Wednesday, December 7, 2011

Heartless Banker Potter Saves Bedford Falls from Subprime Lender George Bailey

BEDFORD FALLS, N.Y. (Bennington Vale Evening Transcript) -- With the holiday shopping season in full swing, Americans are refocusing their attention on the embattled economy. The news has been neither surprising nor welcoming. Regulators seized 157 banks in 2010, the most in any year since the savings and loan crisis two decades ago. Those failures cost nearly $23 billion. Two more financial institutions were closed in November by federal regulators, bringing the total number of U.S. failed banks this year to 90, the Federal Deposit Insurance Corporation said. More shocking, however, was the announcement that officials had seized the assets of and shuttered the famed Bailey Savings and Loan in Bedford Falls on Tuesday.

Representatives from the FDIC said the example of George Bailey -- the kind-hearted and altruistic proprietor of Bailey Savings and Loan -- provides glaring proof of how good intentions so often pave the way to Hell.

Town on the Verge of Economic Collapse
For years, the quiet and unassuming town of Bedford Falls has had only one source of contention -- the rivalry between generous lender and lenient collector, George Bailey, and the miserly millionaire banker, Henry Potter. By all accounts, the majority of Bedford Falls' citizens consider Potter an unrepentant villain. Potter himself offers no apologies and openly criticizes Bailey for his immature business acumen and lax lending standards.

"It's cliche, but I'm misunderstood," Potter said. "The bucolic people of this town have no concept of legitimate business or how I'm trying to save their miserable nest eggs. George Baily is a reckless subprime lender. That's the long and short of it."

As sobering and stark as Potter's opinions might seem, he makes a valid argument in appealing to the town's consumers to reconsider the financial lessons learned over the last ten years, and to stop dwelling on the sentimental.

"I don't even hold George solely accountable," Potter went on. "He learned everything about business from his father. Both men had never attended a college, let alone pursued advanced degrees in finance. Peter Bailey was not a businessman. That's what killed him. Oh, I don't mean any disrespect to him, God rest his soul. He was a man of high ideals, so-called; but ideals without common sense can ruin this town. Now, you take this loan here to Ernie Bishop. You know, that fellow who sits around all day on his brains in his taxi. I happen to know the bank turned down this loan, but he comes to Bailey and they're building him a house. Why?"

When asked about this loan, Bailey responded: "Well, I handled that. Potter has all the papers there. His [Bishop's] salary, insurance. I can personally vouch for his character."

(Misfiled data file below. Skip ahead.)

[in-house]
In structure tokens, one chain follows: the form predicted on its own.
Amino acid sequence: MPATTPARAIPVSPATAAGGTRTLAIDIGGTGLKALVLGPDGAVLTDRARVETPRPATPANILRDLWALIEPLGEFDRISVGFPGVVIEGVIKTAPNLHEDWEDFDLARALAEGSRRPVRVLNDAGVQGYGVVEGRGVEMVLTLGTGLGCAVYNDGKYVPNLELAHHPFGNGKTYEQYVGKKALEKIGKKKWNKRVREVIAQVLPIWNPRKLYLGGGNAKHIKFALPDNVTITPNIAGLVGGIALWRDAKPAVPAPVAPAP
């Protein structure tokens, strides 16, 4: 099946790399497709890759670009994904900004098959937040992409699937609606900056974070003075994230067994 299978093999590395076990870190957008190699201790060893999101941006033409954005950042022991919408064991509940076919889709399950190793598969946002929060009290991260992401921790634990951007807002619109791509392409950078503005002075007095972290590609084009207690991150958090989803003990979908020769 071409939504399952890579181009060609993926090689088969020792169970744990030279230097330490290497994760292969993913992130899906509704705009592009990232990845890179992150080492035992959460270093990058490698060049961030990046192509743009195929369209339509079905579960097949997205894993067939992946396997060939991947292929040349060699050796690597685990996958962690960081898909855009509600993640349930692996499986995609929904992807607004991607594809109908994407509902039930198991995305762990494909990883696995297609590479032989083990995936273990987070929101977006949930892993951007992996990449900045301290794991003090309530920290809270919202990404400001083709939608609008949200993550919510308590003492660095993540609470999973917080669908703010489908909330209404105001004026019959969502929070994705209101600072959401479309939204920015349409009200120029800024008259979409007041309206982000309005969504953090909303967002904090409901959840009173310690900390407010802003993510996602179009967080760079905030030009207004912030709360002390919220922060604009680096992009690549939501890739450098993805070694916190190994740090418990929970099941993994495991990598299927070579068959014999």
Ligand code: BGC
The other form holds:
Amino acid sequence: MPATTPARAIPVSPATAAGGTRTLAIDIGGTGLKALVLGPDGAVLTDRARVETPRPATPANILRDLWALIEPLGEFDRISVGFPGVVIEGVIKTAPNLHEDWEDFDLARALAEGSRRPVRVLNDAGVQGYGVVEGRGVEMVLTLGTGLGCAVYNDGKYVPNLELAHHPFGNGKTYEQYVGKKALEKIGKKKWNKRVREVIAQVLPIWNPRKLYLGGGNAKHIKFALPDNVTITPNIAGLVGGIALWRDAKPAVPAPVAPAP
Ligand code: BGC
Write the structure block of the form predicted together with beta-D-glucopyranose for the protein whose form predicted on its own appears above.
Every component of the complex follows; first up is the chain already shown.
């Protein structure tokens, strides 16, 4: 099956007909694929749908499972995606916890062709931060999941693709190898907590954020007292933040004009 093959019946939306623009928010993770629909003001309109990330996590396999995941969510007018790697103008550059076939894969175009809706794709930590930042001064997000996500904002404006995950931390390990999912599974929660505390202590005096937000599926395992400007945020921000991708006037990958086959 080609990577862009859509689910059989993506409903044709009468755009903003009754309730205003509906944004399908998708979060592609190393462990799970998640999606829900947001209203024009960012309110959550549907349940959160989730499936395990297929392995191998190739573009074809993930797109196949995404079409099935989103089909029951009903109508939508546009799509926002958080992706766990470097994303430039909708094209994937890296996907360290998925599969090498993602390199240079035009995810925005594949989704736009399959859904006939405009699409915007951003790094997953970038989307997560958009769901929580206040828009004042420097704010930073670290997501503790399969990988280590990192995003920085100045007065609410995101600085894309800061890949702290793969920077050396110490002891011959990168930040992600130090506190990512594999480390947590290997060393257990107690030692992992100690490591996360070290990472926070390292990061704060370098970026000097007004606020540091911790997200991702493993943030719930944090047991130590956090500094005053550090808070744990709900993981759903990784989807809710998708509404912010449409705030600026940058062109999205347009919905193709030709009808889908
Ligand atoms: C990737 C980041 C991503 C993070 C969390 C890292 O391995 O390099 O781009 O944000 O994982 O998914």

Potter scoffed at the idea that character assessments measured up against real collateral: "You see, if you shoot pool with some employee here, you can come and borrow money. What does that get us? A discontented, lazy rabble instead of a thrifty working class. And all because a few starry-eyed dreamers like Bailey stir them up and fill their heads with a lot of impossible ideas."

Given the absence of sufficient regulatory oversight, a situation that has worsened exponentially since the 1990s, Potter has now emerged as the sole voice of reason in a town perilously close to over-leveraging itself.

Following last month's news of the additional bank closures, the Federal Reserve insinuated that it might be considering Potter for a possible position in the administration. With Republicans now in charge of the House of Representatives, and with President Obama in the mood to make deals with the conservative factions in Congress, Potter's seat in the Reserve seems almost assured. A large number of Bedford Falls' residents, many of whom previously ranked among Potter's harshest detractors, have now come out in support of this decision.

Late Wednesday morning, local police reported that George Bailey had been taken into protective custody following a botched suicide attempt. Bailey told detectives that with his life insurance policy, he was worth more dead than alive. Unfortunately, and due in large part to his gross mismanagement of funds, his policy's value had depreciated significantly. It is now estimated at around $15,000, barely enough to purchase a decent casket from Walmart.

Interestingly, Bailey seemed in good spirits, telling police, "It's a wonderful life!" However, he attributed his renewed outlook to an invisible guardian angel named Clarence, who seemed obsessed with Mark Twain's "The Adventures of Tom Sawyer." As a result, police have placed Bailey on a 72-hour psychological hold until the state of his mental health can be determined.

(c) 2011. See disclaimers.